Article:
By Jim Naughton
Last night I wrote in haste, so this morning I hope to reflect at something like leisure. We are sitting in Giles’ office at the church going through the morning papers and perusing the news web sites one last time. The protester who disrupted Bishop Gene’s sermon last night is in just about every paper, even the Sun, which features “Gay bishop’s ear-bashing” just a few pages beyond the topless “Page 3 girl.” I learned just this morning that the sermon was deemed of such importance that the BBC carried the entire sermon live on its 24-hour news channel.
The ubiquity of the event made the 10-minute stroll from Giles’ home to the church a real pleasure. People kept stopping us on the high street (Why don’t we have high streets in the U. S? Can anything be done about this? A new political party, perhaps?) to congratulate their vicar and tell him how well things had gone. I didn’t realize it, but Giles had planned for a potential disturbance, and had even chosen the hymn the congregation sang to drown out the protester. My favorite moment on the high street (I am resolved to use this phrase as frequently as possible) occurred when Jim Madden, a 6-foot-5 inch former constable and Conservative member of the Putney council embraced Giles and said that he was glad he wasn’t seated near the protester because he wasn’t sure he would have treated him as gently as the situation required.
When we arrived at the church and Renu, Giles’ administrative assistant, and Rob, St. Mary’s indefatigable sexton were already in the office. Renu, a slight Indian woman who helped out with arrangement, security and media wrangling yesterday, told us that her sister asked her whether she got to wear a bullet-proof vest. “I told her all I had was my Marks and Spencer under wire bra,” Renu said.
Renu and Pria, a BBC’s producer who is also slight, personable and Indian, were constantly being mistaken for one another as they scurried around the church yesterday. “The one day you get two Indian women in the church and no one can tell them apart,” Renu said.
Anyway, about the papers, at first I was concerned that the protest had displaced the sermon (and all of those laboriously arranged interviews that I wrote about yesterday) as the story. But it was probably the protest that pushed the story towards the top of the news. And anyone who watched film of the protest, saw how gently it was handled, and how Gene resumed his sermon by asking the congregation to pray for the protester. More importantly, stories that boil down to dueling opinions eventually fade from view–or, at the very least, they fail to progress. The protest gave the story a sense of movement. Something happened. It wasn’t much–there had been one protester outside before the Eucharist, there was one inside during–but it conveyed a sense that this momentous message that Gene was bringing to the English church was being absorbed and that people were responding.
Coming on the heels of the story about the gay blessing service at St. Bartholomew’s Church in London, the extravagant publicity garnered by Gene’s appearances here, makes it increasingly untenable for an English bishop to argue, as Tom Wright does, that the controversy over the morality of gay relationships is a North American concern. The veil that the English church has drawn to hide its gay clergy and obscure the tolerant practices of many of its bishops has been pulled back, at least for the moment. Rowan Williams may continue to speak about the American churches divergence from “the mind of the Communion,” but his listeners will be aware that he isn’t necessarily in touch with the mind of his own church.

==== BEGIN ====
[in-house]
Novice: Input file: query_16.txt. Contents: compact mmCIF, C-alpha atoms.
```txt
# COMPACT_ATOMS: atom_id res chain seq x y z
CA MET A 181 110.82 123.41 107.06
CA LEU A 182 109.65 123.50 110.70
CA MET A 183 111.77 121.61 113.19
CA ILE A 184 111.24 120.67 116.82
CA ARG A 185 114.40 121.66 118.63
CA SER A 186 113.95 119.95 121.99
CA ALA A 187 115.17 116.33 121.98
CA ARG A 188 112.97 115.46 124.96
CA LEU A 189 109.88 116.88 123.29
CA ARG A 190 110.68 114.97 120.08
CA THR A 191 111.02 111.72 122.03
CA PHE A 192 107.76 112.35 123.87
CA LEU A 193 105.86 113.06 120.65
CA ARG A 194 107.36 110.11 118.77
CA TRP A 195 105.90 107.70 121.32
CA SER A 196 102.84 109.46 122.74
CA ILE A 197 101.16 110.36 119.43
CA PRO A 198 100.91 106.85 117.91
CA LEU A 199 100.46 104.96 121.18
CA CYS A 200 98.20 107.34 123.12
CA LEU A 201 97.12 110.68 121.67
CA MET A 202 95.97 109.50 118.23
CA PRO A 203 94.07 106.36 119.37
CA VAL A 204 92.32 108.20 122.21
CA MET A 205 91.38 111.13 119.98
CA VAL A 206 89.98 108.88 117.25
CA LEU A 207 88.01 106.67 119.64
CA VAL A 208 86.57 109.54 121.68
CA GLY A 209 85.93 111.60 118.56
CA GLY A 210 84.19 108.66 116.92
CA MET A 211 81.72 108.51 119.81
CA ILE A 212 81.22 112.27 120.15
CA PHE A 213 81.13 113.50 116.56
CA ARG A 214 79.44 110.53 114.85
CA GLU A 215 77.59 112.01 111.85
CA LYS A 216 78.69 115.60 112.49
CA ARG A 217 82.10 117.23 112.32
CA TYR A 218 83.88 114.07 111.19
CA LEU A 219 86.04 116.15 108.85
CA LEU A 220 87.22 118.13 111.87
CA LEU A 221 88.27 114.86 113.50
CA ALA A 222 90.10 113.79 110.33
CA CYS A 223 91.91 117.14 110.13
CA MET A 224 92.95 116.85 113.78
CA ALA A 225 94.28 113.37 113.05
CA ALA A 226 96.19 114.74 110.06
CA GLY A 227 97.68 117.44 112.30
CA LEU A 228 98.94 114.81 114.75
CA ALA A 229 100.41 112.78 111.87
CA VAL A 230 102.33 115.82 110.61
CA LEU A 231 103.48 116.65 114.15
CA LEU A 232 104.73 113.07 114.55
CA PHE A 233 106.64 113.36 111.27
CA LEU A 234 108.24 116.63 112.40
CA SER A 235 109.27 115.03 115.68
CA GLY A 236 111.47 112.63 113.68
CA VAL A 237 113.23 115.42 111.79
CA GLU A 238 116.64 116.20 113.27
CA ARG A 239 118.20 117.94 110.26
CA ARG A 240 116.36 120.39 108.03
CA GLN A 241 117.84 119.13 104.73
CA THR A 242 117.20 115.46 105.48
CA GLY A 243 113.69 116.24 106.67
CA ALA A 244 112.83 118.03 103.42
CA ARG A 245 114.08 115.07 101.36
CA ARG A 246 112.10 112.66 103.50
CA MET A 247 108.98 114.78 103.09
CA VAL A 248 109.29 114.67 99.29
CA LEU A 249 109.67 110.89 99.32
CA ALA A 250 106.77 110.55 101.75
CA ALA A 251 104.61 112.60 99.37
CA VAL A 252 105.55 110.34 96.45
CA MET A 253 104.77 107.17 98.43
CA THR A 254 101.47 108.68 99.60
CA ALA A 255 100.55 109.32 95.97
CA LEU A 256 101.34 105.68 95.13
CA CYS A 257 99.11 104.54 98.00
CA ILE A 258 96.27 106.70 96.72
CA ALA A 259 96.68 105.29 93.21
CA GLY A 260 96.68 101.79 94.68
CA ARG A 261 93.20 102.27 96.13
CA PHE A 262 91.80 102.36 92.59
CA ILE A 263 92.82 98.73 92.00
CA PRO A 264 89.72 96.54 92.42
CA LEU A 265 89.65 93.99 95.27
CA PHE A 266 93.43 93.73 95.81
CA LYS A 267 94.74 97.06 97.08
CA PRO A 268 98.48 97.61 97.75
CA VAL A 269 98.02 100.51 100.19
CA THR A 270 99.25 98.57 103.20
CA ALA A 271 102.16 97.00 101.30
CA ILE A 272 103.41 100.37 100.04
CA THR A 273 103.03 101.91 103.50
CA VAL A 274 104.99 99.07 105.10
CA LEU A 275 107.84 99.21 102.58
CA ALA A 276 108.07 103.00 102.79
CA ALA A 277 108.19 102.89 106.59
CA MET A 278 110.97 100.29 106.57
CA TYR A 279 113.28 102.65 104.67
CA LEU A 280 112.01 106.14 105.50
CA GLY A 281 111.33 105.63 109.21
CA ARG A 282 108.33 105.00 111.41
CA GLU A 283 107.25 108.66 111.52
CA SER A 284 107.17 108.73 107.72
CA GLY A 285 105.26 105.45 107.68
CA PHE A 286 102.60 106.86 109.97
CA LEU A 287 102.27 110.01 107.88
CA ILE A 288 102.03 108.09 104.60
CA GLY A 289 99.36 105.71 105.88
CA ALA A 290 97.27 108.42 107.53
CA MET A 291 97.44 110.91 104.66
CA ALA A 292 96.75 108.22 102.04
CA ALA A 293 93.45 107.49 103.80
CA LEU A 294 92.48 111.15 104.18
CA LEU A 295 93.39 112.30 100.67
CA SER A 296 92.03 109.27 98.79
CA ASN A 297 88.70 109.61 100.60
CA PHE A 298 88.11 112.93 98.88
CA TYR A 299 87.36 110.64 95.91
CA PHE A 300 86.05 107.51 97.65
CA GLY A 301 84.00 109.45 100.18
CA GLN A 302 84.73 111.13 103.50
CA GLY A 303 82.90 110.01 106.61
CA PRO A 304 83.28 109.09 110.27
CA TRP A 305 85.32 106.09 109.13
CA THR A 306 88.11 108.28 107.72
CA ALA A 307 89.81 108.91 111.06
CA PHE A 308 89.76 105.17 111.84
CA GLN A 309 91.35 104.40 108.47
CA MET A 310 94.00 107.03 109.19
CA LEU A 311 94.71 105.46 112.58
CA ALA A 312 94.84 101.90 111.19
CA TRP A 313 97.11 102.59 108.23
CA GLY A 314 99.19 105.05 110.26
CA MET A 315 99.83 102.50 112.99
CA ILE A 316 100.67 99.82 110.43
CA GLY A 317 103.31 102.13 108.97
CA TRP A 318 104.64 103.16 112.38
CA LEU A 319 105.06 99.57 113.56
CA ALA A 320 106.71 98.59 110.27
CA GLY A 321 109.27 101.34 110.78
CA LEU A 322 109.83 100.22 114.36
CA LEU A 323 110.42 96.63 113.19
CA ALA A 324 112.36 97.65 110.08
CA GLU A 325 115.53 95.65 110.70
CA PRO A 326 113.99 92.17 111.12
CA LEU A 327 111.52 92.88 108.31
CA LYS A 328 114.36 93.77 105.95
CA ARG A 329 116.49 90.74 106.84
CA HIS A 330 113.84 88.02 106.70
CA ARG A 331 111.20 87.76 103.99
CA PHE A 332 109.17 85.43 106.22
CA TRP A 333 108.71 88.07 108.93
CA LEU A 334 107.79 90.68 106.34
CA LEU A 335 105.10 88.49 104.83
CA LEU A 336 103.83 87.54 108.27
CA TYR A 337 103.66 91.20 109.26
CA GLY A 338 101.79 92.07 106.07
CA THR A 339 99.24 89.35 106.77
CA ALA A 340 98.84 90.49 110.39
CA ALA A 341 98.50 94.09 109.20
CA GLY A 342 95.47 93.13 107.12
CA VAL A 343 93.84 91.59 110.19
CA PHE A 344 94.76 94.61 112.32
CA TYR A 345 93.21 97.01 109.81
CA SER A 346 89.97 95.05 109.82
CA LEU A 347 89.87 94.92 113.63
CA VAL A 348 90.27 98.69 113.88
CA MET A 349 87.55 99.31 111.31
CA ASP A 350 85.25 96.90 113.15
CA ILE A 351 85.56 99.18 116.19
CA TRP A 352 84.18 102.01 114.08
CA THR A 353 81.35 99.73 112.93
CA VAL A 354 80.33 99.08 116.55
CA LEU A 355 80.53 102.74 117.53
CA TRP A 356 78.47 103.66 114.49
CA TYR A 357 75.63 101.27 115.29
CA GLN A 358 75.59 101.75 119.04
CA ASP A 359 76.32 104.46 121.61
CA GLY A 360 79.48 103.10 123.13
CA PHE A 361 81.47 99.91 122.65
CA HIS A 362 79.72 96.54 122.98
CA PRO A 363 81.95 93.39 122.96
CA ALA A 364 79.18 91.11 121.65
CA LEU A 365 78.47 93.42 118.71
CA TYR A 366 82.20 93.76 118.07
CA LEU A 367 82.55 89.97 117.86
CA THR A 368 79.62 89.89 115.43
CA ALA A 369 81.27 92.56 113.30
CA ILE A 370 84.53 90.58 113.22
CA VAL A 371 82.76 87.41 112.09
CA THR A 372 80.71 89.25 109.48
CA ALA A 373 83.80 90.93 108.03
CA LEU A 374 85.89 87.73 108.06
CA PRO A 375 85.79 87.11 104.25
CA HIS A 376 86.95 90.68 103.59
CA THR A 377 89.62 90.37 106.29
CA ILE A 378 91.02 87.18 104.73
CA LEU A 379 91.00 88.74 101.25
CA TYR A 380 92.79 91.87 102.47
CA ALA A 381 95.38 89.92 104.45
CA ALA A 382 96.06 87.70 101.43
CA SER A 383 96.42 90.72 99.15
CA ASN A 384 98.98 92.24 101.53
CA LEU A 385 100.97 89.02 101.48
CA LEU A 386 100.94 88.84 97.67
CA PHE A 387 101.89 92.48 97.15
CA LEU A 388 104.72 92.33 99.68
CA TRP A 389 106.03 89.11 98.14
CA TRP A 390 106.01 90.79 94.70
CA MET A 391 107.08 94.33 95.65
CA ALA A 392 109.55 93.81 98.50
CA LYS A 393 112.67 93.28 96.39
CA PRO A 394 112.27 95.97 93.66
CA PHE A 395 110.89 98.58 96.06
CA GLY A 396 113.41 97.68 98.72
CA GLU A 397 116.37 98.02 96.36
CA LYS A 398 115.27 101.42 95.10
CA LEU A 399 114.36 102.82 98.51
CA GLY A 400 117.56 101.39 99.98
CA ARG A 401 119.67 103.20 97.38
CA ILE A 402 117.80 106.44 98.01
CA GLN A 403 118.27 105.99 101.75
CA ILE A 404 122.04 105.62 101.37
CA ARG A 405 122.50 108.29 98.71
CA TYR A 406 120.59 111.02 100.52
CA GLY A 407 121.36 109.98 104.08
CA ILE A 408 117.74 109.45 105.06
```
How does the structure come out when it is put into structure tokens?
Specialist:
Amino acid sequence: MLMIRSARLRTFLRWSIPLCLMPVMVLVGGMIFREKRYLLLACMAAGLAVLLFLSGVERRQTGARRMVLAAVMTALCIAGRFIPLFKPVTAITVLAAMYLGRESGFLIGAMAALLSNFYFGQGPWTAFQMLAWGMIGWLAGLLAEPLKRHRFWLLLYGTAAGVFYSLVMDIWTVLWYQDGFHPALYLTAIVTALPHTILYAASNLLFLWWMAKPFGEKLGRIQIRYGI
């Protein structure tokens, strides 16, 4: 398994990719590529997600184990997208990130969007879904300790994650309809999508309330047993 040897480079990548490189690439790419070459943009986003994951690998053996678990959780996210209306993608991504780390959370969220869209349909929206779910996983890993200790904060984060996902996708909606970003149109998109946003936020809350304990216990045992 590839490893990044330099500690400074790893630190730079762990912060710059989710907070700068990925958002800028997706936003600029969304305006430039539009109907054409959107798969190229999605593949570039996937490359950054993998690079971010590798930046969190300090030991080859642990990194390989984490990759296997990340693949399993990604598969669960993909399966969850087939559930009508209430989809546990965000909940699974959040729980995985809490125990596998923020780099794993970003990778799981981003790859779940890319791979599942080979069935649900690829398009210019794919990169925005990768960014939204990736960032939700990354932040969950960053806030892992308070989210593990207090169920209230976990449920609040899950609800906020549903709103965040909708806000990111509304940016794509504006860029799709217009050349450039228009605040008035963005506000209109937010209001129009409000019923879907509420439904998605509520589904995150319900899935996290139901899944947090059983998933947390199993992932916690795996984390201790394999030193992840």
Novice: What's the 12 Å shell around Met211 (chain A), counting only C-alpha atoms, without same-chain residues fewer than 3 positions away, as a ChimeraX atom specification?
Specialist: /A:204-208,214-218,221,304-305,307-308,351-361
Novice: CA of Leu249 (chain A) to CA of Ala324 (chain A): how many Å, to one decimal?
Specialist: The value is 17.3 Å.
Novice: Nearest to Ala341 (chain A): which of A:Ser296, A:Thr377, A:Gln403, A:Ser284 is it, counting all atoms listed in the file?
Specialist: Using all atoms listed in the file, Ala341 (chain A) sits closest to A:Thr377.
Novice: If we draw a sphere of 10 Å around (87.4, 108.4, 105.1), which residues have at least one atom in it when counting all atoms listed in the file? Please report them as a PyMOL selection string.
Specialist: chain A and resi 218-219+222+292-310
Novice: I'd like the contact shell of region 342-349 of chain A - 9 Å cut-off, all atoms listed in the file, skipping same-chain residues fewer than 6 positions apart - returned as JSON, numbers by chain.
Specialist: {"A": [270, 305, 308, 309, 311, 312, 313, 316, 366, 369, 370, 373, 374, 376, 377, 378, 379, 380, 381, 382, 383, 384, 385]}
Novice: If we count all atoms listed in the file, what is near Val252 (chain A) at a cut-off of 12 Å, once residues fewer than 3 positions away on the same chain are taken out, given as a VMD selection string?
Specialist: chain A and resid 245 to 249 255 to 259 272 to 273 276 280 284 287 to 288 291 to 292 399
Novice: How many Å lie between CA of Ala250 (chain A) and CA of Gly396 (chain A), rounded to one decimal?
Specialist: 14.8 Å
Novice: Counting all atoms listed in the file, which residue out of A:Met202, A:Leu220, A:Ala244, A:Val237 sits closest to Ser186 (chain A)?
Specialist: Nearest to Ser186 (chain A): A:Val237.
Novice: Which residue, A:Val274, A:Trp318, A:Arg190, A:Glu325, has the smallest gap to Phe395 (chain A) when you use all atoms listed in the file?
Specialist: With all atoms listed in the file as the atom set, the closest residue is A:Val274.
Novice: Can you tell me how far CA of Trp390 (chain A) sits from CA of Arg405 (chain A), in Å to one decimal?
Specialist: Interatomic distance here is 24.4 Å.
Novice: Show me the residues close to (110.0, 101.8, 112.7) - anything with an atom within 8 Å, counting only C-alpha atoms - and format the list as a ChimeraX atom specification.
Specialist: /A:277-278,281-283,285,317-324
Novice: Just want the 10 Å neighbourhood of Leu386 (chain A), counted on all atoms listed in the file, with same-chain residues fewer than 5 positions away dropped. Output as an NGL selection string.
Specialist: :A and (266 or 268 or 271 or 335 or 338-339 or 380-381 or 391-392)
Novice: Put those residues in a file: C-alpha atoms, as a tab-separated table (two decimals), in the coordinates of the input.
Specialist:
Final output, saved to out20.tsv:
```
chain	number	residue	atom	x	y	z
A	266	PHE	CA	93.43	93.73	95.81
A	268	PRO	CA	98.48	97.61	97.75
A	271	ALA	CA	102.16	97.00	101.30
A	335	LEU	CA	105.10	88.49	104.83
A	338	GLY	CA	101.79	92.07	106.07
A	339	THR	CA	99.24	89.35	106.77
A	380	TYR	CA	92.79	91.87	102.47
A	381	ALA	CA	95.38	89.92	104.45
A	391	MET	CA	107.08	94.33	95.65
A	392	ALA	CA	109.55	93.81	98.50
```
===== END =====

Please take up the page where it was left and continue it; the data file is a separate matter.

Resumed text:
Meanwhile…. There are a couple of bits of information floating loose in the world this morning, and I wanted to say a bit about them.
1. It is true that many people in the Episcopal Church would like to get us out from under Resolution B033, the legislation passed on the last day of our 2006 General Convention which calls upon “Standing Committees and bishops with jurisdiction to exercise restraint by not consenting to the consecration of any candidate to the episcopate whose manner of life presents a challenge to the wider church and will lead to further strains on communion.“ This isn’t a secret. Numerous dioceses have already submitted resolutions to next year’s General Convention asking that the legislation be repealed, or superseded. If this legislation passes (a big if–I am not sure there are enough votes in the House of Bishops to get the job done) a gay candidate would have a better chance of being elected and confirmed. The notion that if the legislation passed we’d immediately elect another gay bishop is speculative. The notion that we’d suddenly have five or six is hallucinatory. At this point, it is not even possible to know for which dioceses will be electing bishops, which priests would be chosen as candidates, or how the internal dynamics of the dioceses would affect the elections. (I have gone on about this at some length because I have had calls from three reporters about this story this morning.)
2. Integrity has not provided cell phones for all of the Episcopal bishops attending the Lambeth Conference–or even for those sympathetic to its agenda. The Episcopal Church has provided cell phones for all its bishops–and their spouses, too, I believe.
It seems likely to me that the level of misinformation and disinformation about the Episcopal Church is likely to increase in the next few weeks.
Video of Gene’s sermon is here.
UPDATE: From the Daily Telegraph:
Today Mandrake can name [the heckler] as Graham Maxwell, a freelance photographer who, it emerges, has been employed by the London Fire Brigade to cover its participation in two Gay Pride marches in London.
Maxwell declined to comment when Mandrake asked whether he saw any incongruity in the protest that he made and what he has done for a living.